Glossary of Montessori Terms
Absorbent mind – The first plane of development where the child has the capability to absorb large amounts of information about their environment through their senses. During this plane of development children acquire language, develop motor and cognitive skills, copy the social skills of adults, and learn expectations of how the world will treat them.
Control of error – Montessori materials are designed so that the child receives instant feedback as he works, allowing him to recognize, correct, and learn from his mistakes without adult assistance. Putting control of the activity in the child’s hands strengthens his self-esteem and self-motivation as well as his learning.
Conscious absorption – The second plane of development when children are still able to absorb much of the environment around them, but are also beginning to focus inward, becoming aware of the choices they can make, and the desire to do so.
Conscious mind – When a person is aware and is thinking or acting deliberately, choosing one thought, action, or object over another based on the information he/she gathered from their surrounding environment.
Cosmic education – Maria Montessori urged us to give elementary-level children a “vision of the universe” to help them discover how all parts of the cosmos are interconnected and interdependent. In Montessori schools, these children, ages 6 – 12, begin by learning about the universe, its galaxies, our galaxy, our solar system, and planet Earth—everything that came before their birth to make their life possible. As they develop respect for past events, they become aware of their own roles and responsibilities in the global society of today and tomorrow.
Directed choice – gives a child the opportunity to choose between two equally attractive and positive actions, objects, or activities.
Erdkinder – German for “child of the earth,” this term describes a Montessori learning environment for adolescents ages 12 – 15 that connects them with nature and encourages them to form a society of their own; often designed as a working farm school.
Grace and courtesy – Children are formally instructed in social skills they will use throughout their lives, for example, saying “please” and “thank you,” interrupting conversations politely, requesting rather than demanding assistance, and greeting guests warmly.
Normalization – A word used to describe when children are able to focus and concentrate for extended periods of time and have a sense of satisfaction about their work.
Pincer grasp – Refers to the thumb-and-forefinger motion that’s involved for manipulating small items.
Planes of development – Four distinct periods of growth, development, and learning that build on each other as children and youth progress through them: ages 0 – 6 (the period of the “absorbent mind”); 6 – 12 (the period of reasoning and abstraction); 12 – 18 (when youth construct the “social self,” developing moral values and becoming emotionally independent); and 18 – 24 years (when young adults construct an understanding of the self and seek to know their place in the world).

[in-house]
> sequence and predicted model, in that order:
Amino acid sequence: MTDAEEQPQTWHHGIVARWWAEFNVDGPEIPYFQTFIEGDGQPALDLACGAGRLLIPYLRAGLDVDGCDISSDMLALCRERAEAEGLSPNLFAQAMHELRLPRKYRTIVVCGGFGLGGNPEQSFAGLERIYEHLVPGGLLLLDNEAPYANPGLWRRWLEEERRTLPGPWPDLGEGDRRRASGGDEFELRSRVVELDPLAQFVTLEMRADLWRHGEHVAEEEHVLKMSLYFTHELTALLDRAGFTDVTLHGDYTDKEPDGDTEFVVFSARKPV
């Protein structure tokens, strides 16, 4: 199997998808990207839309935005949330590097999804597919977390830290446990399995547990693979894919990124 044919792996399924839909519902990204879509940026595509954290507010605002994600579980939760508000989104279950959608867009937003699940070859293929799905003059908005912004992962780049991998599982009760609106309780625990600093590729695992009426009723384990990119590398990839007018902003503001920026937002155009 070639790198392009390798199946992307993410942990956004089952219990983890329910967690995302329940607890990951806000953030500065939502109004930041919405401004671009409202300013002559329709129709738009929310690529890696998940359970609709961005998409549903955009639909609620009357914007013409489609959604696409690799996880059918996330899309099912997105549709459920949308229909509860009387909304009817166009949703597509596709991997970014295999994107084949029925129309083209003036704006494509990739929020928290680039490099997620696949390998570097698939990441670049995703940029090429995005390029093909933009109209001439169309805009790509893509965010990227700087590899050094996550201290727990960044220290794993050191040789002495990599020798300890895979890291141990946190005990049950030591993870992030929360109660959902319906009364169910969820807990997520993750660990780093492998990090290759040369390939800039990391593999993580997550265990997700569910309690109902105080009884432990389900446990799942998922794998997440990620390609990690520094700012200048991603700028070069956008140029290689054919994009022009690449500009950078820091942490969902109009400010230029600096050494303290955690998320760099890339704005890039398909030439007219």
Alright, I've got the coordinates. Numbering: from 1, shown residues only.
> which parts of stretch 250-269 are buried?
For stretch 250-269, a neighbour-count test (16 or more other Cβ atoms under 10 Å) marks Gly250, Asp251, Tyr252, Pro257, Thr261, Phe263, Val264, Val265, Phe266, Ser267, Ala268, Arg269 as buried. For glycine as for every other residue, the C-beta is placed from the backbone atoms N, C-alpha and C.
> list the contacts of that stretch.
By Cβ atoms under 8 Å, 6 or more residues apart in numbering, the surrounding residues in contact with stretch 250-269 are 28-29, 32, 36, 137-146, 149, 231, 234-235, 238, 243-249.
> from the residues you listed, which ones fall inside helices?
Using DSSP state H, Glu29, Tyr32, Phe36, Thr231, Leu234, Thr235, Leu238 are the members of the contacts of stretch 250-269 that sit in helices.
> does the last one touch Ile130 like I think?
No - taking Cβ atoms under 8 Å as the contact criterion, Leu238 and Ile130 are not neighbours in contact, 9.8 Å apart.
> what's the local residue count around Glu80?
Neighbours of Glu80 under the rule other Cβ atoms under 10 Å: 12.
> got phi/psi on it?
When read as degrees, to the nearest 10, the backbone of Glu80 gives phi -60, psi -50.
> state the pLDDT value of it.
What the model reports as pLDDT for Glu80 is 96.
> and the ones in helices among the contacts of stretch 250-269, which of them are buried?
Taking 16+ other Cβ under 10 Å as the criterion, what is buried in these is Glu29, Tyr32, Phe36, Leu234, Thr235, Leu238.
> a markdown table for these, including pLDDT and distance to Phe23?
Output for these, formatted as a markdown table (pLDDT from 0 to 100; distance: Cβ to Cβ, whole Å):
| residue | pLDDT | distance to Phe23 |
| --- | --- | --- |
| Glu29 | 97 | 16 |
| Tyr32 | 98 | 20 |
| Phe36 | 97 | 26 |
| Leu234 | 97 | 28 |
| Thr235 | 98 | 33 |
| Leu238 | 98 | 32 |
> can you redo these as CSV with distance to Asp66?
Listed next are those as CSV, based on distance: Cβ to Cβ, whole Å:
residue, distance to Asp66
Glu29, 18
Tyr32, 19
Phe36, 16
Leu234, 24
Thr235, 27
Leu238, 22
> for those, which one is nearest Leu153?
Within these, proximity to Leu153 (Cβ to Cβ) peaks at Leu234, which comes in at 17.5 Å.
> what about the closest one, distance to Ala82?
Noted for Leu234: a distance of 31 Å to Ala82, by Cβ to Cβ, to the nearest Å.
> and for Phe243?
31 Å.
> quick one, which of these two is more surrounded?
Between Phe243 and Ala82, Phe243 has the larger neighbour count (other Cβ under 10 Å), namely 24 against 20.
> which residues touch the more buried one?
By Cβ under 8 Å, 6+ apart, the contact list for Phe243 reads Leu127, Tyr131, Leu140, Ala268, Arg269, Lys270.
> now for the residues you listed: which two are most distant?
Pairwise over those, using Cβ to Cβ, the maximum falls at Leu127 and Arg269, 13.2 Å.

Practical life – A series of fine motor skills that include cleaning and caring for the environment, preparing food, and personal hygiene and self-care. Practical life skills are of great interest to young children and form the basis of later abstract learning.
Prepared environment – Designed so that the child has the maximum ability for learning and exploration. The phrase ‘prepared environment’ refers to a well-thought out environment, classroom or home, designed with the child in mind. The goal of the prepared environment is to foster independence in the child.
Rightness for the task – the child sees a need in the environment he/she is able to find the right materials to fill and carry out the need without an adult’s intervention.
Sensitive period – A critical time during human development when the child is biologically ready and receptive to acquiring a specific skill or ability—such as the use of language or a sense of order—and is therefore particularly sensitive to stimuli that promote the development of that skill. A Montessori teacher prepares the environment to meet the developmental needs of each sensitive period.
Sensorial exercises – These activities develop and refine the 5 senses—seeing, hearing, touching, tasting, and smelling—and build a foundation for speech, writing, and math through the use of sensorial materials. The exercises also bring order to the barrage of sensorial impressions the child experiences from birth onward.
The 3-period lesson – A 3-step technique for presenting information to the child. In the first—the introduction or naming period—the teacher demonstrates what “this is.” (The teacher might say “This is a mountain” while pointing to it on a 3-dimensional map.) In the second—the association or recognition period—the teacher asks the child to “show” what was just identified (“Show me the mountain”). Finally, in the recall period, the teacher asks the child to name the object or area. Moving from new information to passive recall to active identification reinforces the child’s learning and demonstrates her mastery.
Work – Purposeful activity. Maria Montessori observed that children learn through purposeful activities of their own choosing; Montessori schools call all of the children’s activities “work.” When children are able to choose their activity, they do not see any difference between work and play.
Maren Schmidt with Dana Schmidt, Understanding Montessori: A Guide for Parents. 2009.